If you were reading closely you probably noticed that the Hebrew term used for “serpent” in these Isaiah passages is similar to the term Isaiah uses in the throne room scene of chapter 6 to describe a category of divine beings called seraphim. (Interpreting scripture with scripture, crazy idea, right!)  If you’re catching my drift, and you think it’s weird I’m suggesting the “fiery flying serpent” of Ham’s passage is actually a divine being, hold tight. I’ll let you in on a secret:

The seraph divine beings of the Bible are best understood as serpentine beings.

As a noun, the term means “serpent.” Numbers 21:8, which depicts Moses raising up the bronze serpent, is a more explicit example of seraph referring to a snake.  Mettinger belabors that as a double meaning the term is generally taken as derivative of the verb meaning “to burn” (notice certain translations of Ham’s Isaiah passage supply the adjective “fiery”). If the suggestion that seraphim are winged serpentine beings (and not the pale blondes of hallmark) still seems crazy to you, consider this other portion of Mettinger’s entry:


The fiery flying serpent Isaiah associates with Egypt is not a pterodactyl. It’s a symbolic divine being represented by voluminous iconographic examples from Egypt and is well attested in Israel. See images of Judean seraphim seals here. That attribution by the Egyptians is entirely explicable within their own standards of symbolism and mythology. No dinosaurs needed. Those who wish for further reading on this will enjoy Karen Joines' article (Samford university) published here in the Journal of Biblical Literature.

Frankly, it’s rather silly to claim Jewish Babylonian exiles (who feared their scriptures were refuted and that God had finally abandoned them for good when Jerusalem fell) should have any reason to care about velociraptors, even if that alluring man in Song of Solomon mysteriously seems to be a description of Jeff Goldblum (been trying to work that Godblum reference in since the first paragraph).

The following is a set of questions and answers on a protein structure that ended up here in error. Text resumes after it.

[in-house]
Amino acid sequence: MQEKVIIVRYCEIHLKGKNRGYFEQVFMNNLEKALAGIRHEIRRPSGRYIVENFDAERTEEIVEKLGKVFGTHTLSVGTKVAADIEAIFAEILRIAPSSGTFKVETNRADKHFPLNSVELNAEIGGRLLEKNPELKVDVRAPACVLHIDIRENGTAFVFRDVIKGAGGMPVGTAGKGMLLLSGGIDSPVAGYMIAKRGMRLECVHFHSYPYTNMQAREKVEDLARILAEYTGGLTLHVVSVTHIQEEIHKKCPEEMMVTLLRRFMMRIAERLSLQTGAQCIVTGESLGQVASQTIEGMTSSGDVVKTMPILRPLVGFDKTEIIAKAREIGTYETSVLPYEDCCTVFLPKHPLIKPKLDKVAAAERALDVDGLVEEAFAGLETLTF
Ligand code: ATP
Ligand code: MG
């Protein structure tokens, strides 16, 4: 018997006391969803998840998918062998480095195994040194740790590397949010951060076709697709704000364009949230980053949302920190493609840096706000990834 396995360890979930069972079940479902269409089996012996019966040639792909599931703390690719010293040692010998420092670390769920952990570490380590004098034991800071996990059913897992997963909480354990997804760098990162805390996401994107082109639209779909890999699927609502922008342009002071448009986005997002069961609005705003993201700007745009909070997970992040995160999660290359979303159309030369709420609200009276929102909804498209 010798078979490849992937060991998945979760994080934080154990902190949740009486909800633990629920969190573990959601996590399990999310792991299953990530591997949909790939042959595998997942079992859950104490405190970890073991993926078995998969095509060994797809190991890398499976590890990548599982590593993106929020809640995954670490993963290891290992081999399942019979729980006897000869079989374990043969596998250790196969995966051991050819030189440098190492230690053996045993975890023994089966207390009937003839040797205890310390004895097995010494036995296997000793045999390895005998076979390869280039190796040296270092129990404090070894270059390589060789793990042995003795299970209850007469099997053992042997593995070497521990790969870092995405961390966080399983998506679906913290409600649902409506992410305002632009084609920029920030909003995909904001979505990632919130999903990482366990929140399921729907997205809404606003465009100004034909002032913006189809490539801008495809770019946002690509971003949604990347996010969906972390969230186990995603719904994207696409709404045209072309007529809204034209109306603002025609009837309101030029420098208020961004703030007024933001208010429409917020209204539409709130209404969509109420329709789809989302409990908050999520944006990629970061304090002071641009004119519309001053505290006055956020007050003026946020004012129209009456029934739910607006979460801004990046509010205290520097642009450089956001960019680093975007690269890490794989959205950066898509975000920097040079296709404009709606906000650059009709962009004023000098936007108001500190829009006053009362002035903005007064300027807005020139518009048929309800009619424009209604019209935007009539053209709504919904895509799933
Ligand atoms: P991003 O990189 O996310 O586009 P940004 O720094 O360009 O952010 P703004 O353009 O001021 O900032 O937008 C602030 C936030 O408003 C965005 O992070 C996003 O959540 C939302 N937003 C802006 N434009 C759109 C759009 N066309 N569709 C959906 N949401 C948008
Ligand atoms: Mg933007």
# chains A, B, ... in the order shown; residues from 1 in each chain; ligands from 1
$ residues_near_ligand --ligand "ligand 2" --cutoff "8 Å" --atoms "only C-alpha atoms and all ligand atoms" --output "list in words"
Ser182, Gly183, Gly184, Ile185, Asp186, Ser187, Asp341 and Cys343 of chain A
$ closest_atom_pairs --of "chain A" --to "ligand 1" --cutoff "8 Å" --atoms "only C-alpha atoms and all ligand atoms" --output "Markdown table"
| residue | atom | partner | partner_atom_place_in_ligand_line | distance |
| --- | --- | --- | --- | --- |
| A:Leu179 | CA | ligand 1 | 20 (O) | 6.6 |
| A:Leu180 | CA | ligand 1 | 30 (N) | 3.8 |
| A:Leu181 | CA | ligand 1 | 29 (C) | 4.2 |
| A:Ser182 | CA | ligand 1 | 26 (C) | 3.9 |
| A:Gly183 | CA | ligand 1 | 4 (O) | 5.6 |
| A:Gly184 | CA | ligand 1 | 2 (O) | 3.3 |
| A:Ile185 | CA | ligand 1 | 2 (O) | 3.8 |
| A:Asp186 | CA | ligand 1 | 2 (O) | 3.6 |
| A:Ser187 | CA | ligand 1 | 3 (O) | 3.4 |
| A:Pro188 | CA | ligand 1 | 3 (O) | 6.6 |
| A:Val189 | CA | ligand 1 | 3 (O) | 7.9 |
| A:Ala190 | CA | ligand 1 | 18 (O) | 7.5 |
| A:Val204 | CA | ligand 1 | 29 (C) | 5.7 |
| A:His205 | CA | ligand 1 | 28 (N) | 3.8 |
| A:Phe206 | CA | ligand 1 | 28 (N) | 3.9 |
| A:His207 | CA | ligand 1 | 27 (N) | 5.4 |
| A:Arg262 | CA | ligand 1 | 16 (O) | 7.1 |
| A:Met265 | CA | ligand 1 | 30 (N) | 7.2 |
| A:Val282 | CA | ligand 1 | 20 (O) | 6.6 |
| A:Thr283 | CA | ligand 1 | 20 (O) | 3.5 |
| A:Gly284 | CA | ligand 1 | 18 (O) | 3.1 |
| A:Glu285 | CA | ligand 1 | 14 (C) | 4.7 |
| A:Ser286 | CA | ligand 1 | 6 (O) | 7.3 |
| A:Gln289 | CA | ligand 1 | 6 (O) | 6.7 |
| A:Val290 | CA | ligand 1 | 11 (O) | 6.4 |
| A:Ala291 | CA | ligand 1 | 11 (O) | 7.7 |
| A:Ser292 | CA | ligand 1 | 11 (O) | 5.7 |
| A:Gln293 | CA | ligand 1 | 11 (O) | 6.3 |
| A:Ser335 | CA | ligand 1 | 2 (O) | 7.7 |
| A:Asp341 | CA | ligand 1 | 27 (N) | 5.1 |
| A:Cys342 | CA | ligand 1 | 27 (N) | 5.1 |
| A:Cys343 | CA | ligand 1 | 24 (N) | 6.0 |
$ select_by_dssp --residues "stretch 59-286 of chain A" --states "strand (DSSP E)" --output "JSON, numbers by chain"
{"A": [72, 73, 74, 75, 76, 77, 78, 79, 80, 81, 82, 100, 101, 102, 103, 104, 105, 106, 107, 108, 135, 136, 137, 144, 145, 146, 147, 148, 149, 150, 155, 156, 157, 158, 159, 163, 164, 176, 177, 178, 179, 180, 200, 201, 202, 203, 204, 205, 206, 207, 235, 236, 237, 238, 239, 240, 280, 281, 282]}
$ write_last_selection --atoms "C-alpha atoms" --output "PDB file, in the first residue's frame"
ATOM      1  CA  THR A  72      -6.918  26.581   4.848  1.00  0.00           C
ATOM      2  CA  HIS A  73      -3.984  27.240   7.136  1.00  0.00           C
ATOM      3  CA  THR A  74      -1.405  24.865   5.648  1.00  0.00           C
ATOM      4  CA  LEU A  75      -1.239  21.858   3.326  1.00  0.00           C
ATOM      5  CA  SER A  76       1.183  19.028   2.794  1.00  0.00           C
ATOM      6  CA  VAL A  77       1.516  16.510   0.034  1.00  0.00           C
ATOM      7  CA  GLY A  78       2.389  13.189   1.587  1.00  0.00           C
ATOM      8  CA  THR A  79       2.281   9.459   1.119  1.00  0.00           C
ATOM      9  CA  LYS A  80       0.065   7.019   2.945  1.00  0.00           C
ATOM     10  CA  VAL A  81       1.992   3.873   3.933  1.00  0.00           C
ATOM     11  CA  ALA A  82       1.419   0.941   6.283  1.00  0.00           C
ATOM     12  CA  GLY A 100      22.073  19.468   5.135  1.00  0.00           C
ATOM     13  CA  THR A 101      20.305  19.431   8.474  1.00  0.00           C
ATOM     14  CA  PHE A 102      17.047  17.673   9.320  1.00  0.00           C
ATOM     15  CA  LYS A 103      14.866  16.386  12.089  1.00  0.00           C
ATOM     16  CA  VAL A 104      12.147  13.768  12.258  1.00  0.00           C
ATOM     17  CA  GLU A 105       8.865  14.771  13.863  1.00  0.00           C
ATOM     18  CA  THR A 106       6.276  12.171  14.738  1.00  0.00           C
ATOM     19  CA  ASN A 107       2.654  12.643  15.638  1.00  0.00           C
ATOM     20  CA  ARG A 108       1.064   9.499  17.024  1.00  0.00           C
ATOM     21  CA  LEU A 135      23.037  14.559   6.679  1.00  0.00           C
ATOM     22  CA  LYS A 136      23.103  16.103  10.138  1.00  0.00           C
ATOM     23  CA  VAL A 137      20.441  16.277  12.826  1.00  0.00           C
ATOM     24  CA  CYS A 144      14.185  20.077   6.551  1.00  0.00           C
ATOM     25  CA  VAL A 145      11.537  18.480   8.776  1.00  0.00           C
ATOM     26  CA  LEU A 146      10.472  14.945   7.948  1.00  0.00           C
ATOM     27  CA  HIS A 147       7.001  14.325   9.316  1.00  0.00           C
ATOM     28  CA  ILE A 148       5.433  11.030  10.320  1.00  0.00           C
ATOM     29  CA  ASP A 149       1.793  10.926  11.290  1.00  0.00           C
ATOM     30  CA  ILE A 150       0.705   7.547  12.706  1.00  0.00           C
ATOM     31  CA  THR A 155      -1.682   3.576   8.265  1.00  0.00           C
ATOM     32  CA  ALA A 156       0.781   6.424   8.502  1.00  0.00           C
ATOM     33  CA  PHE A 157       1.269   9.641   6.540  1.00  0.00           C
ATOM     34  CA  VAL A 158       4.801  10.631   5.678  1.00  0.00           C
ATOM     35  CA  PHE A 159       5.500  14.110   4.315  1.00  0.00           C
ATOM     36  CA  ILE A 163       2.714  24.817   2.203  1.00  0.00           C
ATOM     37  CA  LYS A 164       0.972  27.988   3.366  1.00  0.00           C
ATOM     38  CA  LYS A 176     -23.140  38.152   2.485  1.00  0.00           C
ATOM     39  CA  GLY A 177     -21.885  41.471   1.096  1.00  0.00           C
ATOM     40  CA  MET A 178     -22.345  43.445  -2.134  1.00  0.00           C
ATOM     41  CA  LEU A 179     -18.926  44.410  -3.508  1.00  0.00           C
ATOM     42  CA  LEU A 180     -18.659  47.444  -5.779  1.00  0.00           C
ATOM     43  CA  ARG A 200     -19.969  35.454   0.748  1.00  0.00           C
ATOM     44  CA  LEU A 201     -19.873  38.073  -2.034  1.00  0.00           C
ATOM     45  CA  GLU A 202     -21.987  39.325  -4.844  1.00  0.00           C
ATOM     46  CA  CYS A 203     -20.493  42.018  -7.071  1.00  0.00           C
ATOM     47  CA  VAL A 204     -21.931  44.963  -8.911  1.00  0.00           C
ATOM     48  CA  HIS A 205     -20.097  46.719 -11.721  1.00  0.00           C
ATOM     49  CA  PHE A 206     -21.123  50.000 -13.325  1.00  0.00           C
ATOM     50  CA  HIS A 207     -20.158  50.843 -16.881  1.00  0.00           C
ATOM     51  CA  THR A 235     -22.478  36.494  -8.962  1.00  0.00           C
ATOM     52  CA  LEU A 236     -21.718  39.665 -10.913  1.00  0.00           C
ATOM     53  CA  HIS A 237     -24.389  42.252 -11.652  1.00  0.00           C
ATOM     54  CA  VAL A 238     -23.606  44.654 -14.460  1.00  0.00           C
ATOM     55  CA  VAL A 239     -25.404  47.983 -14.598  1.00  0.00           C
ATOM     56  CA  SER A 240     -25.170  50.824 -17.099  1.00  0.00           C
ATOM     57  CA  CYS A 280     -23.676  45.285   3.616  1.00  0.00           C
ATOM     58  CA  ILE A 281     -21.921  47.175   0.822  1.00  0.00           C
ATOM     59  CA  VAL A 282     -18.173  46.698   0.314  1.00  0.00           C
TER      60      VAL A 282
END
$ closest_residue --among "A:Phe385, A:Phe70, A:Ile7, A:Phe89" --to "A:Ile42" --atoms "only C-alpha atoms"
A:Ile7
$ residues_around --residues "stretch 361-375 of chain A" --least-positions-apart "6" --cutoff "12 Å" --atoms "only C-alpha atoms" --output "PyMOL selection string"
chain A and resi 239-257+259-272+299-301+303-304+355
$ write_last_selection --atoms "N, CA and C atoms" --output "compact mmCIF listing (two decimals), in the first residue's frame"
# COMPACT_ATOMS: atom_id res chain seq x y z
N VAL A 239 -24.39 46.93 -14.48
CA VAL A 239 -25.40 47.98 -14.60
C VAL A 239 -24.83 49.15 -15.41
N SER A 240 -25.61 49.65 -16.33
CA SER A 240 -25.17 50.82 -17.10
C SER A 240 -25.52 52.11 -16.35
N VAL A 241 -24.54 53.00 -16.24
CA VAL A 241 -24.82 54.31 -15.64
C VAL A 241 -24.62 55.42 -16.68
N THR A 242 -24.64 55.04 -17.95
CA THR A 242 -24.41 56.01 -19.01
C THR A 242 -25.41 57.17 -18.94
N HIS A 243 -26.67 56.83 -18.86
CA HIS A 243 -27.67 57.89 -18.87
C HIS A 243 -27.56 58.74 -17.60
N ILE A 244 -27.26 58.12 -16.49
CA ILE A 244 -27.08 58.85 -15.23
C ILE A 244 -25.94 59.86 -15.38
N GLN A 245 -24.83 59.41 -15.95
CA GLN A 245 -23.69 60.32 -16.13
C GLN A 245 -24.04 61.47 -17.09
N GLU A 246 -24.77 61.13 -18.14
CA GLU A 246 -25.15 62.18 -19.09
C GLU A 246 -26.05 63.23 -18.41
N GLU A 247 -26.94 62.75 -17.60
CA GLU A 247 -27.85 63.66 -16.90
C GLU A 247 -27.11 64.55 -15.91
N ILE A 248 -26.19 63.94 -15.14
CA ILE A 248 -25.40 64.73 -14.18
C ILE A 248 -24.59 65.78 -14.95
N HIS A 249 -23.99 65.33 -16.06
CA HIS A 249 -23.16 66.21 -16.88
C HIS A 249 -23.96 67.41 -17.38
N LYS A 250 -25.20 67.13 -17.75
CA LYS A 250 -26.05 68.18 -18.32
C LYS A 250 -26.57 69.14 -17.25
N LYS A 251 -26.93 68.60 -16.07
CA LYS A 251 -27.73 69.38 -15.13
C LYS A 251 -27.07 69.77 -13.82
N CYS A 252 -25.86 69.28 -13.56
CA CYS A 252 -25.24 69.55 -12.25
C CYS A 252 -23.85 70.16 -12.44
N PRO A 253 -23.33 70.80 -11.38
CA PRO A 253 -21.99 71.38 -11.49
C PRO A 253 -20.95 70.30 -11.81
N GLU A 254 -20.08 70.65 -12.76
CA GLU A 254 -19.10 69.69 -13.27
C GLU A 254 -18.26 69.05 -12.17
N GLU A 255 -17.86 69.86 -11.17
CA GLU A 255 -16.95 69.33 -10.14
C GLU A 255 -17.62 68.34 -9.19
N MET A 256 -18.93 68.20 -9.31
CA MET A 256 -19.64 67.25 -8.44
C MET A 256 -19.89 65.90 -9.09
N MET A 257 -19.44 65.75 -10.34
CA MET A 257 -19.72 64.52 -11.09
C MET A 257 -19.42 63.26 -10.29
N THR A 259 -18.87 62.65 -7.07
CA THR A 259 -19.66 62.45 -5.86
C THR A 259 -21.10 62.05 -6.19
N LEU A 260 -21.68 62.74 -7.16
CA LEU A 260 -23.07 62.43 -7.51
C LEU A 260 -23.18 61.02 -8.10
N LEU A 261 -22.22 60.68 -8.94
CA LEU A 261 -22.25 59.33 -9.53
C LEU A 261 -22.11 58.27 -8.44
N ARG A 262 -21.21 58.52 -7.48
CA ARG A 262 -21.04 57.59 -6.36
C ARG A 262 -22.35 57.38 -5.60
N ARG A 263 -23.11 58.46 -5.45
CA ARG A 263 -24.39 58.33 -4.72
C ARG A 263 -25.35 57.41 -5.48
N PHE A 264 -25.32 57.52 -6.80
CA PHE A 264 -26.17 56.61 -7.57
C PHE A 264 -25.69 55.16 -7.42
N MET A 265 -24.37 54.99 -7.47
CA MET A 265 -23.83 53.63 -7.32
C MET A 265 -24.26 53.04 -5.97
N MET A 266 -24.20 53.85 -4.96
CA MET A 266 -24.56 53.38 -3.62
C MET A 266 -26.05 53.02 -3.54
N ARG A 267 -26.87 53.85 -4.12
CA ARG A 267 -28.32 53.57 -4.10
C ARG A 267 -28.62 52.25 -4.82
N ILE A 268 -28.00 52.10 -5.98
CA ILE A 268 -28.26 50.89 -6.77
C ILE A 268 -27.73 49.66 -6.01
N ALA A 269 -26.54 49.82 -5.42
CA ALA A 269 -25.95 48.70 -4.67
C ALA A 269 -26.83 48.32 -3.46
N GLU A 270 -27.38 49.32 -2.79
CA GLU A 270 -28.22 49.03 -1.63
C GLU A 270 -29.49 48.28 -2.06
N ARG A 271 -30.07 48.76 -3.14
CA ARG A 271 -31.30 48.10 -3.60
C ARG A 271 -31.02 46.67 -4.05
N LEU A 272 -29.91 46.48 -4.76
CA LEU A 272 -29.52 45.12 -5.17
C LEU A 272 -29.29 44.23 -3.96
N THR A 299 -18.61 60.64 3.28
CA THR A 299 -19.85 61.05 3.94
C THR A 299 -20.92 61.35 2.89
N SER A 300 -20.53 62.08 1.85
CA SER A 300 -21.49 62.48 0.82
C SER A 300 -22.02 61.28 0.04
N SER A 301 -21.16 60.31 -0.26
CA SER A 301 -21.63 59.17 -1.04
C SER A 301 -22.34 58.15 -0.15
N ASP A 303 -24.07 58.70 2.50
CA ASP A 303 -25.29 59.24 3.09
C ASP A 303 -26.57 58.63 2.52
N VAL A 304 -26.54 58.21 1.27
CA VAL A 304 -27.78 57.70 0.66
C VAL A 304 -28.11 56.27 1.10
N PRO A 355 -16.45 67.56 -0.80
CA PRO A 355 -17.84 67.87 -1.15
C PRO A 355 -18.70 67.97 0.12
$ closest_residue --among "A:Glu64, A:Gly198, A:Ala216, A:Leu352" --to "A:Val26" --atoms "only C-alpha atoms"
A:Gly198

Dragon Legends

What about all those worldwide dragon legends, Ben? Surely those are evidence of human-dinosaur co-habitation and that Noah loaded T-Rexes on the Ark, right?

This is a bone I have with AiG. Adrienne Mayor from Stanford wrote a famous dissertation in which she pinpointed the geographic origins of dragons and other popular myths and found that those locations overlapped heavily with known ancient fossil beds. Her books trace ancient fossil hunting history and mythology in regions like Native North America, Greece and Rome. It’s not just dragons. People in the ancient world are known to have offered fossil remains of griffins, centaurs, cyclopes, and giants too. If you are an ancient Roman at a construction site and your team exhumes a giant reptilian skeleton, you are going to believe in a past age of dragons; if you are an ancient Scythian nomad and you encounter protoceratops remains in the desert you are going to interpret them as a griffin; if you are an ancient Sioux who finds himself upon pteranodon remains you are going to invent the thunderbird legend.

In many cases it is certain that ancient people were offering extinct animal fossils as the origin of mythological creatures. We are able to go to the fossil beds and check for ourselves because, in a few cases, the ancients told us exactly where they were. (They named some of them!) This is the mainstream view of modern anthropology. If you were to visit the Mythic Creatures exhibit at the Fraizer History Museum here in Louisville, you would find Mayor cited ubiquitously on these issues. It’s an extremely powerful and convincing thesis.

If Creationists want to parade dragon legends as if they are moly herb--reducing conventional scientists to crying hissy fits, it would be comforting to at least know that the Creation Museum posse are even aware of Mayor’s dissertation. A Google search reveals they are not. 

I also got a kick out of the realization the museum perpetuates the myth that Voltaire’s mansion was turned into a printing house. You can read a refutation of the myth here.  The kicker, the Answers in Genesis website, in an article entitled, “Arguments Creationists Should Avoid” warns against Christians making this claim.

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[1] B. F. Batto, “Behemoth,” in the DDD (Netherlands: Brill, 1999), 166.